'It' can be anything. A fanged monster that won't stay on the movie screen. Something ominous lurking in the basement. No matter what your biggest fear is, no one knows it better than Stephen King. Based on King's 1986 bestseller, 'It' is a jittery, jolting excursion into personal fear starring Harry Anderson, Annette O'Toole, John Ritter and Richard Thomas. A malevolent force in a small New England town takes the shape of a clown (Tim Curry), but he's not clowning around. Instead, he terrifies youngsters and brings some to their untimely doom - until some wily kids fight back. The evil resurfaces 30 years later: meaner, angrier, deadlier. And friends who vividly remember youthful terrors reunite to battle 'It'.
A tale of two halves.
- Stephen King's It review by Shatner's Bassoon
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You rated this film: 3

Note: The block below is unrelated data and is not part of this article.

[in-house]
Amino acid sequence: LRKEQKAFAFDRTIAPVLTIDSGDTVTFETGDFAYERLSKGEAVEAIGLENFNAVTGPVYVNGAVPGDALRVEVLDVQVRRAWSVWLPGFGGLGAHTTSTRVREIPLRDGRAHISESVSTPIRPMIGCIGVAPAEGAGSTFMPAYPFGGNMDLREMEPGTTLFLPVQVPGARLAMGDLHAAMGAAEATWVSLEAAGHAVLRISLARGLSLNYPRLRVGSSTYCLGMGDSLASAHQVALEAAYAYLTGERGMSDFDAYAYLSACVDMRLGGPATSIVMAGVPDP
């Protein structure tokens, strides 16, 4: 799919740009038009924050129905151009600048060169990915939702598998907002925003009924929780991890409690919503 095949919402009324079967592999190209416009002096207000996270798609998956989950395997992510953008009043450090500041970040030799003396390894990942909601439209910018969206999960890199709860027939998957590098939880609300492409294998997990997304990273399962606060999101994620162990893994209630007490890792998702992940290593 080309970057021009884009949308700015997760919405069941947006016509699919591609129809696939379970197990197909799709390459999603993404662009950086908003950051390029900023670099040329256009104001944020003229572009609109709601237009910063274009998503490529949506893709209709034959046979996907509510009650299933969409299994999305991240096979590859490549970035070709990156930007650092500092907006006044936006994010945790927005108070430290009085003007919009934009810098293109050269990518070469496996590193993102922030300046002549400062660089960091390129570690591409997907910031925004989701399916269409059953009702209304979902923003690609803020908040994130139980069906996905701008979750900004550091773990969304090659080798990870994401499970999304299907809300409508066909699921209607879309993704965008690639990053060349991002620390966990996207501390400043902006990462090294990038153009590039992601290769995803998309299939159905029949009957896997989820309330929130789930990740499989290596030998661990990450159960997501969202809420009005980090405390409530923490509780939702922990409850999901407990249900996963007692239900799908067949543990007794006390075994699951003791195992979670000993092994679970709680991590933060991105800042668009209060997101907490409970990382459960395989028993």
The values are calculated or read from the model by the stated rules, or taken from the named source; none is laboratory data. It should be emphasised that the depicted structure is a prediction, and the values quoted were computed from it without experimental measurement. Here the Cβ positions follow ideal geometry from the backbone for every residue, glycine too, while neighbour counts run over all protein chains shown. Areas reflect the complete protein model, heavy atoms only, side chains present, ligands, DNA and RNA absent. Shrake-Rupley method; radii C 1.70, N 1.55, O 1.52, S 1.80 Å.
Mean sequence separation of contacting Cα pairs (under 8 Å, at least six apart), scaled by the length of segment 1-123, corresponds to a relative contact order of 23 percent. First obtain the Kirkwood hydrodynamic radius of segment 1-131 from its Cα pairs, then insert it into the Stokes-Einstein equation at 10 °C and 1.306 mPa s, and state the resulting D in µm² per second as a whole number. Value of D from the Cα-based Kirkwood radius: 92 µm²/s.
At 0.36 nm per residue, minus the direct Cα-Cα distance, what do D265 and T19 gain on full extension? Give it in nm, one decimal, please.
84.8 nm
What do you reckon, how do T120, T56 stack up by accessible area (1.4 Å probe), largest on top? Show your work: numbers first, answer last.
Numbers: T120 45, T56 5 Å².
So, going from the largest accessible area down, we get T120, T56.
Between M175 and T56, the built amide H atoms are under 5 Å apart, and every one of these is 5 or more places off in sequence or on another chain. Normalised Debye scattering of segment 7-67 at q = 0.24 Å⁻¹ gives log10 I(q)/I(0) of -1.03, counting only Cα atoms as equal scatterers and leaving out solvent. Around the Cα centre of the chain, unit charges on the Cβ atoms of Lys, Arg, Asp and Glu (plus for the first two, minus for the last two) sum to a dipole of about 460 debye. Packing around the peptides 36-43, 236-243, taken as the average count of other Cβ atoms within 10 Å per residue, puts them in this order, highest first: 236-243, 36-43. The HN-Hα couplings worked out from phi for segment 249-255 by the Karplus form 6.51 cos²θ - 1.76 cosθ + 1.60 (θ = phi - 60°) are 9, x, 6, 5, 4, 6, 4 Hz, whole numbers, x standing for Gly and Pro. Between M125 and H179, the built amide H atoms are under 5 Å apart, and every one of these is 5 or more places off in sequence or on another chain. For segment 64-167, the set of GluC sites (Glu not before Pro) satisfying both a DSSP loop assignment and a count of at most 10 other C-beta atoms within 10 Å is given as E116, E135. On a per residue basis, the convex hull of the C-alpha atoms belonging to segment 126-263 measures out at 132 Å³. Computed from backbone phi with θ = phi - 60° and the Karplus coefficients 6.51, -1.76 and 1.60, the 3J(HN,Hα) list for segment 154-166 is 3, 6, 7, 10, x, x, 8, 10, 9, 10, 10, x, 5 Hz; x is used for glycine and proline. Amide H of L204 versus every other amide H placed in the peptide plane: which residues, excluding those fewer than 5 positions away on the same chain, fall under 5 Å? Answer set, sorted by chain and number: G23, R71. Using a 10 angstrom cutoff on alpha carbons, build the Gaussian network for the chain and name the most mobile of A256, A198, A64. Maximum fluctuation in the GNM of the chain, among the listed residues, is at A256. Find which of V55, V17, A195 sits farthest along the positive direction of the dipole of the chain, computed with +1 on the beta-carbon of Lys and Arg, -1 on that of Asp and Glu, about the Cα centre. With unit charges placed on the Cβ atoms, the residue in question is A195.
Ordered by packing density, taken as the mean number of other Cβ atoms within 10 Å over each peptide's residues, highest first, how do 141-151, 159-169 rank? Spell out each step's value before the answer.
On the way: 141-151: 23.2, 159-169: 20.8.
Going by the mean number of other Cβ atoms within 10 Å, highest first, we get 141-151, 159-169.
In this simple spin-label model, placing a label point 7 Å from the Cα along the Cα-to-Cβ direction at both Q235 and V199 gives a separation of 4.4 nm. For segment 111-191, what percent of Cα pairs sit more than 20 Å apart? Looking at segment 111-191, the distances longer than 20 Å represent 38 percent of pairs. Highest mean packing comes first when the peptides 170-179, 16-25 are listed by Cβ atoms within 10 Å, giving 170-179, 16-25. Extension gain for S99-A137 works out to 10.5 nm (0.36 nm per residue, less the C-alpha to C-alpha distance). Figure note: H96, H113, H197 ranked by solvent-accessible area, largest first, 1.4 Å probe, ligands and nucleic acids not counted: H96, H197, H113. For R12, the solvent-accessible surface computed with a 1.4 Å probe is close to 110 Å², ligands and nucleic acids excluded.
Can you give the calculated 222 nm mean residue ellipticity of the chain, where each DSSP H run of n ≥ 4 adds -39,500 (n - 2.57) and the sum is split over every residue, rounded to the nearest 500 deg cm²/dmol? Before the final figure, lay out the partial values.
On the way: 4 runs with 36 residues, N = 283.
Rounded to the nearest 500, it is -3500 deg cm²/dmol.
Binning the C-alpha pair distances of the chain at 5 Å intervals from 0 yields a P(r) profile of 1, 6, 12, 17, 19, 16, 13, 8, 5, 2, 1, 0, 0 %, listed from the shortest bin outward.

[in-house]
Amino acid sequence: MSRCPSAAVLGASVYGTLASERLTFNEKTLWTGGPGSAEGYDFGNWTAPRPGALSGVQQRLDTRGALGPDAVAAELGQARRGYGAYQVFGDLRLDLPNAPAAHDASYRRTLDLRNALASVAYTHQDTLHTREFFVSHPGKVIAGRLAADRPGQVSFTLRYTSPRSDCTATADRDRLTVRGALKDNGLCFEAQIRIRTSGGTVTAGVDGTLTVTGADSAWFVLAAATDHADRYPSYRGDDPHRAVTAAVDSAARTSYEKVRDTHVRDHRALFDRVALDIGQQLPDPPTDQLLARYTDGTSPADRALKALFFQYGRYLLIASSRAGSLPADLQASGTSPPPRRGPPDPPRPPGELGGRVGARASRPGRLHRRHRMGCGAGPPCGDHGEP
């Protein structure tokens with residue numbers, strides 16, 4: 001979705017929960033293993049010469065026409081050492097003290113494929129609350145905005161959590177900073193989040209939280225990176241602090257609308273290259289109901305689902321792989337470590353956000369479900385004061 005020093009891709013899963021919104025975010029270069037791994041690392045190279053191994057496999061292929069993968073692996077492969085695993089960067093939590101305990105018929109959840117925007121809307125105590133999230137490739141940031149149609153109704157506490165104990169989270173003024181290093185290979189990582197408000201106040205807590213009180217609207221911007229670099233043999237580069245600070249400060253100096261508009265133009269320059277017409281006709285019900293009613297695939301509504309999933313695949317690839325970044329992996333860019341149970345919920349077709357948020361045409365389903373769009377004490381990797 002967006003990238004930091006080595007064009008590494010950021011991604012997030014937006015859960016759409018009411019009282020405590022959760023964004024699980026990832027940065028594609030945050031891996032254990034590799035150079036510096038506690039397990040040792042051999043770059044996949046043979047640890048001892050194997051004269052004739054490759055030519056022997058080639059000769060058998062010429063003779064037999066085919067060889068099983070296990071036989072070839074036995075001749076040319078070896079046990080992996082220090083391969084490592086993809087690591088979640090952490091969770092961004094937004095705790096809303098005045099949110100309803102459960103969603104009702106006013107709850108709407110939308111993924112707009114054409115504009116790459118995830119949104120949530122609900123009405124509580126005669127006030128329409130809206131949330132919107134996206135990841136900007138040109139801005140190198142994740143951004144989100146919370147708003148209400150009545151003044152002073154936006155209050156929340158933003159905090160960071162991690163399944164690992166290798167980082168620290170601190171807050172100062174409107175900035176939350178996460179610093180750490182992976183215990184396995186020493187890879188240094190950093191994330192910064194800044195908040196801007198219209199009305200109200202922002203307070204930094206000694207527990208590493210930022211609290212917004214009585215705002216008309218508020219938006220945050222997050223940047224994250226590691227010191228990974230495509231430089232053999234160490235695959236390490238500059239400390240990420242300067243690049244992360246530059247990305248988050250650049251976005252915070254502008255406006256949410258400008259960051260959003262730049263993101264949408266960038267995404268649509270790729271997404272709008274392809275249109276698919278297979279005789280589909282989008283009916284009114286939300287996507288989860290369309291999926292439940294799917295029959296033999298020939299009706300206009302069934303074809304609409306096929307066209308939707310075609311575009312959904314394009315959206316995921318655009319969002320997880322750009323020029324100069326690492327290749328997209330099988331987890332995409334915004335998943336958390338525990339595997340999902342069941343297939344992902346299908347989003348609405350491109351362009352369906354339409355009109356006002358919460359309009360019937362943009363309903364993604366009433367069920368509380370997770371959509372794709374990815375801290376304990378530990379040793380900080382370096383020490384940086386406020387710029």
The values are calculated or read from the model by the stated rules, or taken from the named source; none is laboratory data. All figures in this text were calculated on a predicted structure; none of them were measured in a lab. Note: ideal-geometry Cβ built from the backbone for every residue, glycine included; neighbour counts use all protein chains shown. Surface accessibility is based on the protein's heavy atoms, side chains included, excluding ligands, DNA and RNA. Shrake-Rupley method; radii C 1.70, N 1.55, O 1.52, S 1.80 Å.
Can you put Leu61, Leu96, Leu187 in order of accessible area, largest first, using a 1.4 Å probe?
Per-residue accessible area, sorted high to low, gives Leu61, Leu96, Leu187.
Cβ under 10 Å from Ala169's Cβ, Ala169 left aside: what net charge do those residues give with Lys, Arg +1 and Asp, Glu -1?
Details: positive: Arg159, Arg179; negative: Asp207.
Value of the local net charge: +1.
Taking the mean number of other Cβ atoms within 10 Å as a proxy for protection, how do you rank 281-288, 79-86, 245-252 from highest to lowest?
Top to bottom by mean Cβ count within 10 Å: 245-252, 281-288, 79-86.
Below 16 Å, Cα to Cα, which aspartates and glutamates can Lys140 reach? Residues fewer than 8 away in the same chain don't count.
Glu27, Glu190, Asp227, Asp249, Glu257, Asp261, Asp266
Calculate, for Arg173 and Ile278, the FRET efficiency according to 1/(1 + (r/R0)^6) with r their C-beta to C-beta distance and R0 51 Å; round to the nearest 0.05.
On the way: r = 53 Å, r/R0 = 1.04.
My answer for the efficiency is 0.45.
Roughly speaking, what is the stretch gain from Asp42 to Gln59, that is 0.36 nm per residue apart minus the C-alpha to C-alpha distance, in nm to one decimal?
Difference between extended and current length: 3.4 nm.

Derry, Maine is a quiet town which hides a dark horrific secret. Every 30 years the town is terrorised by a supernatural being known only as 'It'. Taking the form of a clown named Pennywise, 'It' returns every 30 years and feeds on the souls of the towns children, when questioned the adults of Derry act as if nothing happened, knowing past events are too horrible to even talk about. When a gang of seven children known as 'The Lucky Seven' find they are able to fight back and defeat 'It' they make a pact to return as adults should the terror return. 30 years later, Mike Hanlon, one of the members of 'The Lucky Seven', is alerted by a strange occurrence of child murders. When he discovers that 'It' has returned to Derry, he reunites what's left of 'The Lucky Seven' to do battle once again. The biggest problem 'It' has is that it's a story split into two halves. The first is storytelling at it's best, a genuinely creepy story with great performances from its child cast and easily a 5 star film. The second half is another matter, it's laboured, badly scripted, and with the exception of John Ritter and Tim Curry, has some pretty second rate acting from its adult cast, and with the addition of an abrupt and lacklustre ending, the second half is rather disappointing. Overall, despite the flaws of the second half and mainly due to Tim Curry's insane performance as Pennywise the clown, 'It' just about gets away with being a fairly decent two part TV film, but you do get the feeling it should have been so much better.